Kyle Mewburn is an Australian living in New Zealand. He has won many awards for his picture books in New Zealand and overseas. Katz Cowley is a New Zealander now living in Australia. She illustrated the bestselling book The Wonky Donkey.
ISBN 978 1 77543 026 1 RRP $19.50 Pb
Reviewed by Lorraine Orman

Sunday, April 8, 2012

Two new exciting chapter books for teens

When Empire Calls by Ken Catran, Scholastic NZ

Not much is known in New Zealand about the Boer Wars. So this book is definitely filling a niche – and supplying easily-understood information about a war that rewarded scores of loyal New Zealand men with disease and death. It’s written from the (adult) point of view of young James McDonald, whose two older brothers sign up in 1899 to fight for Britain against the Boers in Africa. The actual fighting is described by letters to James from his brother, Edward - letters that convey the increasing horrors of the British Empire’s determination to wipe out the Boers and take over their land and mineral resources. Meanwhile James is fighting his own battles at home – mainly with an alcoholic ex-soldier (turned shopkeeper) who is trying to open James’s eyes to the true nature of war.

As always, Ken Catran writes a low-key but totally absorbing story that neatly portrays the attitudes of the time to the aggression of the British Empire. I was interested to read an essay by the author at the end of the story called New Zealand At War – A Personal Perspective. As well as offering an overview of New Zealand’s involvement in overseas and local wars, it also provides the information that 71 New Zealanders died in action in the Boer Wars, with twice that number killed by disease. Most of the Boer fighters were killed, and 100,000 of their family members were rounded up and herded into camps where many of them died of malnutrition and disease. This is a book that should be available in every school and library in the country, and would be of most interest to boys of around 10 to 13.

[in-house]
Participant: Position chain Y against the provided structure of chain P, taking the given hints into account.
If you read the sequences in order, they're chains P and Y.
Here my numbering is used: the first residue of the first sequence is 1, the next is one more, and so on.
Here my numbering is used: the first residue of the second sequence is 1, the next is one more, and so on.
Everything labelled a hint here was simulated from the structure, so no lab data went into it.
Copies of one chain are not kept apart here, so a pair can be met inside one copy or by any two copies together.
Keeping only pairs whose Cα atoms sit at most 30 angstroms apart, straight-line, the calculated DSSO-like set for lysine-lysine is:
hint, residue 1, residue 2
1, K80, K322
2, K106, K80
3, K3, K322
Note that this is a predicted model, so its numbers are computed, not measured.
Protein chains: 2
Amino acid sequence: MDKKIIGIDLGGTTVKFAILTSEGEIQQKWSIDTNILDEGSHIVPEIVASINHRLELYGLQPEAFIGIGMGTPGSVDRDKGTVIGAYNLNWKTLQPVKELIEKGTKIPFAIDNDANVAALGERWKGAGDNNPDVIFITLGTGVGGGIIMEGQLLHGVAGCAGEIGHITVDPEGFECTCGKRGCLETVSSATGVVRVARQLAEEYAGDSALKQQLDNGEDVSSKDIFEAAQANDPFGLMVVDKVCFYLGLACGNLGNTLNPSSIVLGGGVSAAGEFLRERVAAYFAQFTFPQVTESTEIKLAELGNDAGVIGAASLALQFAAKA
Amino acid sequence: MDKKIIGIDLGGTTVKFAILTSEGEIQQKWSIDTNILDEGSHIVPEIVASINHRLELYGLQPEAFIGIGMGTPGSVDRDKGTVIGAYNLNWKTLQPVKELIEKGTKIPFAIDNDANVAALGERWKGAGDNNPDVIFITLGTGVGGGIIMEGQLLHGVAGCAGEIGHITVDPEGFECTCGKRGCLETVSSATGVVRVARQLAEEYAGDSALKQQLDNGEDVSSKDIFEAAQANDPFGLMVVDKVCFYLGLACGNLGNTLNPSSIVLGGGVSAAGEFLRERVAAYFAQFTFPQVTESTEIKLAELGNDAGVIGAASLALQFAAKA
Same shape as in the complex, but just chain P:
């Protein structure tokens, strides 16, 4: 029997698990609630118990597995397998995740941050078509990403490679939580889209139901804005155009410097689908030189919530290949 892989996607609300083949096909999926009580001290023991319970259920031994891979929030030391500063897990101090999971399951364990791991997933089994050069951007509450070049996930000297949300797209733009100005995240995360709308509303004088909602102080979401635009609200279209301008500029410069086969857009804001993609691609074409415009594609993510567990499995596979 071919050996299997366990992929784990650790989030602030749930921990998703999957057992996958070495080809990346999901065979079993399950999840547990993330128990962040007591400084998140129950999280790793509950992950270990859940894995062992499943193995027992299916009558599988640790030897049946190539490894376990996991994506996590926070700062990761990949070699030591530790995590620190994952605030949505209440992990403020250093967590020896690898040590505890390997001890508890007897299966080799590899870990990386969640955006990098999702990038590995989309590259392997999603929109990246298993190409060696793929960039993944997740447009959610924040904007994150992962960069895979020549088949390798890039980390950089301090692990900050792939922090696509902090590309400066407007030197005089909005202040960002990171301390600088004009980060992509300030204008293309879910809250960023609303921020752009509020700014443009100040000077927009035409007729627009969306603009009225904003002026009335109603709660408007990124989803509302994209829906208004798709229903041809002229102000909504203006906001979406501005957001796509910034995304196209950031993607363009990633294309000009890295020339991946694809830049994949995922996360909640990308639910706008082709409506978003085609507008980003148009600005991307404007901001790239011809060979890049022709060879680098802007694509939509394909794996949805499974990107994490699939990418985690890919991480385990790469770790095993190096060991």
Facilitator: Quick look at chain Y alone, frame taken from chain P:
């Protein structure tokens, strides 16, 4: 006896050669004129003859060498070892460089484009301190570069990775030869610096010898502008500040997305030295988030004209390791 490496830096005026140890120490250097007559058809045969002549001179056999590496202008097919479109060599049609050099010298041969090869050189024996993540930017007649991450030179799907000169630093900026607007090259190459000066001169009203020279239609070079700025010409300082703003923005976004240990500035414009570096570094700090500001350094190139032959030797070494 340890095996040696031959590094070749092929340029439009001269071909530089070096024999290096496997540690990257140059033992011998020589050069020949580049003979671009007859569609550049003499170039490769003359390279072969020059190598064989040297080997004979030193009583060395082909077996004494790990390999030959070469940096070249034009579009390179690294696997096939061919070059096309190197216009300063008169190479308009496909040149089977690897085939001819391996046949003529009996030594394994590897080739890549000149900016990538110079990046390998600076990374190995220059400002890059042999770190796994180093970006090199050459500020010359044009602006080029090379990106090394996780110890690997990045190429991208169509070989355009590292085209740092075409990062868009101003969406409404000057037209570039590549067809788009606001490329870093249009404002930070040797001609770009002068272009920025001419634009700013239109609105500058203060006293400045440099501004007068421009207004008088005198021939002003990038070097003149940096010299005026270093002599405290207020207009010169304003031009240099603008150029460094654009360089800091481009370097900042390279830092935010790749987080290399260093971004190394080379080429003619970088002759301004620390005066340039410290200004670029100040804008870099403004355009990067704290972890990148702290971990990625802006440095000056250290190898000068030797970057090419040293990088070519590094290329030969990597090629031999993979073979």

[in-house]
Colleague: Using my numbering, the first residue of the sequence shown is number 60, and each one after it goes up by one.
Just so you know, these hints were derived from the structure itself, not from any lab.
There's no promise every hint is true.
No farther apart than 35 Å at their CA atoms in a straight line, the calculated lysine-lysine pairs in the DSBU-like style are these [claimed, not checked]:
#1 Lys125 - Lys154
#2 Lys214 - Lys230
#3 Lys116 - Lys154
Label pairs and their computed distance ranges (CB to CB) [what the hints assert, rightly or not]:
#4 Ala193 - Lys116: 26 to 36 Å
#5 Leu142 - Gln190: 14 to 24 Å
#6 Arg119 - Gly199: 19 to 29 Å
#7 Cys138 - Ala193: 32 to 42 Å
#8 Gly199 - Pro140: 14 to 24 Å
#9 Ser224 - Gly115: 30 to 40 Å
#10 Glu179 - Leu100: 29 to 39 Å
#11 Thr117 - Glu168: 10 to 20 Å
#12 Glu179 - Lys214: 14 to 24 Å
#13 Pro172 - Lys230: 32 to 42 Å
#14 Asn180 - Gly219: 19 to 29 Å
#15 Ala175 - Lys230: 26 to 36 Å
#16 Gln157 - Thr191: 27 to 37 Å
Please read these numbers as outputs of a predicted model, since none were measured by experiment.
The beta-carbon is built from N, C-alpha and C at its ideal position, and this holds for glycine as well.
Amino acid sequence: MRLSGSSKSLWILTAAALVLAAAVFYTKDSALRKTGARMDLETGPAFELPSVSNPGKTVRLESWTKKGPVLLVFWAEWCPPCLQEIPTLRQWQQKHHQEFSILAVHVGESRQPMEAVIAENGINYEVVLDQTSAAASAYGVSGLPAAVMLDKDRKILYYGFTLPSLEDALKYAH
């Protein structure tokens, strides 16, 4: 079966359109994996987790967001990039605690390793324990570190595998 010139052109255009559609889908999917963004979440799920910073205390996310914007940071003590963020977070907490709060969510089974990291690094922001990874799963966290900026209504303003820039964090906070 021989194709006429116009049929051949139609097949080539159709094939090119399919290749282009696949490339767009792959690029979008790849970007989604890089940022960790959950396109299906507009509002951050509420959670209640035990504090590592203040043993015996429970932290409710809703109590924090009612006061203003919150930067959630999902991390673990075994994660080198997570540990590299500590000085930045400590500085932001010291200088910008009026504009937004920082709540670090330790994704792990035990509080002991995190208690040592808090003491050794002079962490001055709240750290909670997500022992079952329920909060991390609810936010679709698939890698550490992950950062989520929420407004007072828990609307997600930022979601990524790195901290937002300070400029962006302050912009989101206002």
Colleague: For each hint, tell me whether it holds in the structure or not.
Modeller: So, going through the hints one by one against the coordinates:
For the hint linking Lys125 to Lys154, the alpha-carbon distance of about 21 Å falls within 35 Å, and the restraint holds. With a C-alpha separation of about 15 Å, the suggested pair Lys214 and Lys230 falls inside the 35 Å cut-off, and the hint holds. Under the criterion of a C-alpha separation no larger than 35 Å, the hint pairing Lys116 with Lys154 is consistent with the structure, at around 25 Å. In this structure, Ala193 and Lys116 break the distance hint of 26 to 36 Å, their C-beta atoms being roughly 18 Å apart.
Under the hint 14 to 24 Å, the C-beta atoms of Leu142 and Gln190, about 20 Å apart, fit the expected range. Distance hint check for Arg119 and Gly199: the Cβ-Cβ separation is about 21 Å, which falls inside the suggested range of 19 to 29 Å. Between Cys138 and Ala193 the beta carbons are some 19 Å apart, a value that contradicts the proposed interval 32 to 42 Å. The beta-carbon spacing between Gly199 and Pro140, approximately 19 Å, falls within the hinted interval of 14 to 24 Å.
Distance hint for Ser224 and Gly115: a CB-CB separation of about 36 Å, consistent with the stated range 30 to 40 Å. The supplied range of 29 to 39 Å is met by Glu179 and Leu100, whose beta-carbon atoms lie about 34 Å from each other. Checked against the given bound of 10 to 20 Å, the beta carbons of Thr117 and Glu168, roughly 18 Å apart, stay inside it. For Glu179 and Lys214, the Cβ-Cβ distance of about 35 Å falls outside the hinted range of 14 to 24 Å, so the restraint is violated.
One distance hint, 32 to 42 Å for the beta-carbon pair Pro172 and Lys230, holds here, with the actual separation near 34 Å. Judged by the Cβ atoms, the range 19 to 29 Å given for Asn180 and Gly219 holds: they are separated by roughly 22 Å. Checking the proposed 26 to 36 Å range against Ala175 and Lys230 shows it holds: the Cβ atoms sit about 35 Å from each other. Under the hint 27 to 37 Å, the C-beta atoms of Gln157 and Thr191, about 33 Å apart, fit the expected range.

ISBN 978 1 86943 555 4 RRP  $19.50 Pb
Reviewed by Lorraine Orman
Telling Lies by Tricia Glensor, HarperCollins NZ

The extremely subdued pastel cover picture does not give a good indication of the exciting story that lies inside. It’s the first novel by this author, who has been editing the New Zealand School Journal for the last fifteen years. The story was inspired by her father’s experiences during WWII when he parachuted from his crippled plane into occupied France and was assisted by a local family. The story focuses on Simone, the teenage daughter of a farming family, who discovers an injured New Zealand airman stumbling across the fields. Her family take him in, fix him up with false papers, and plan to help him get to safety. However at the last minute their plans fall through, and Simone and her cousin Claudette have to escort Paul to the local railway station, stay with him during the trip to Paris, and see him handed over to people who will help him cross the border to safety. It’s a suspenseful and nail-biting journey as the little group try to avoid spying locals, suspicious gendarmes, and bullying German soldiers. Best for girls of about 10 to 14 who like devouring stories in one gulp – but you’ll have to persuade them that the story is a lot more riveting than the cover indicates.

ISBN 978 1 86950 934 7 RRP $19.99 Pb
Reviewed by Lorraine Orman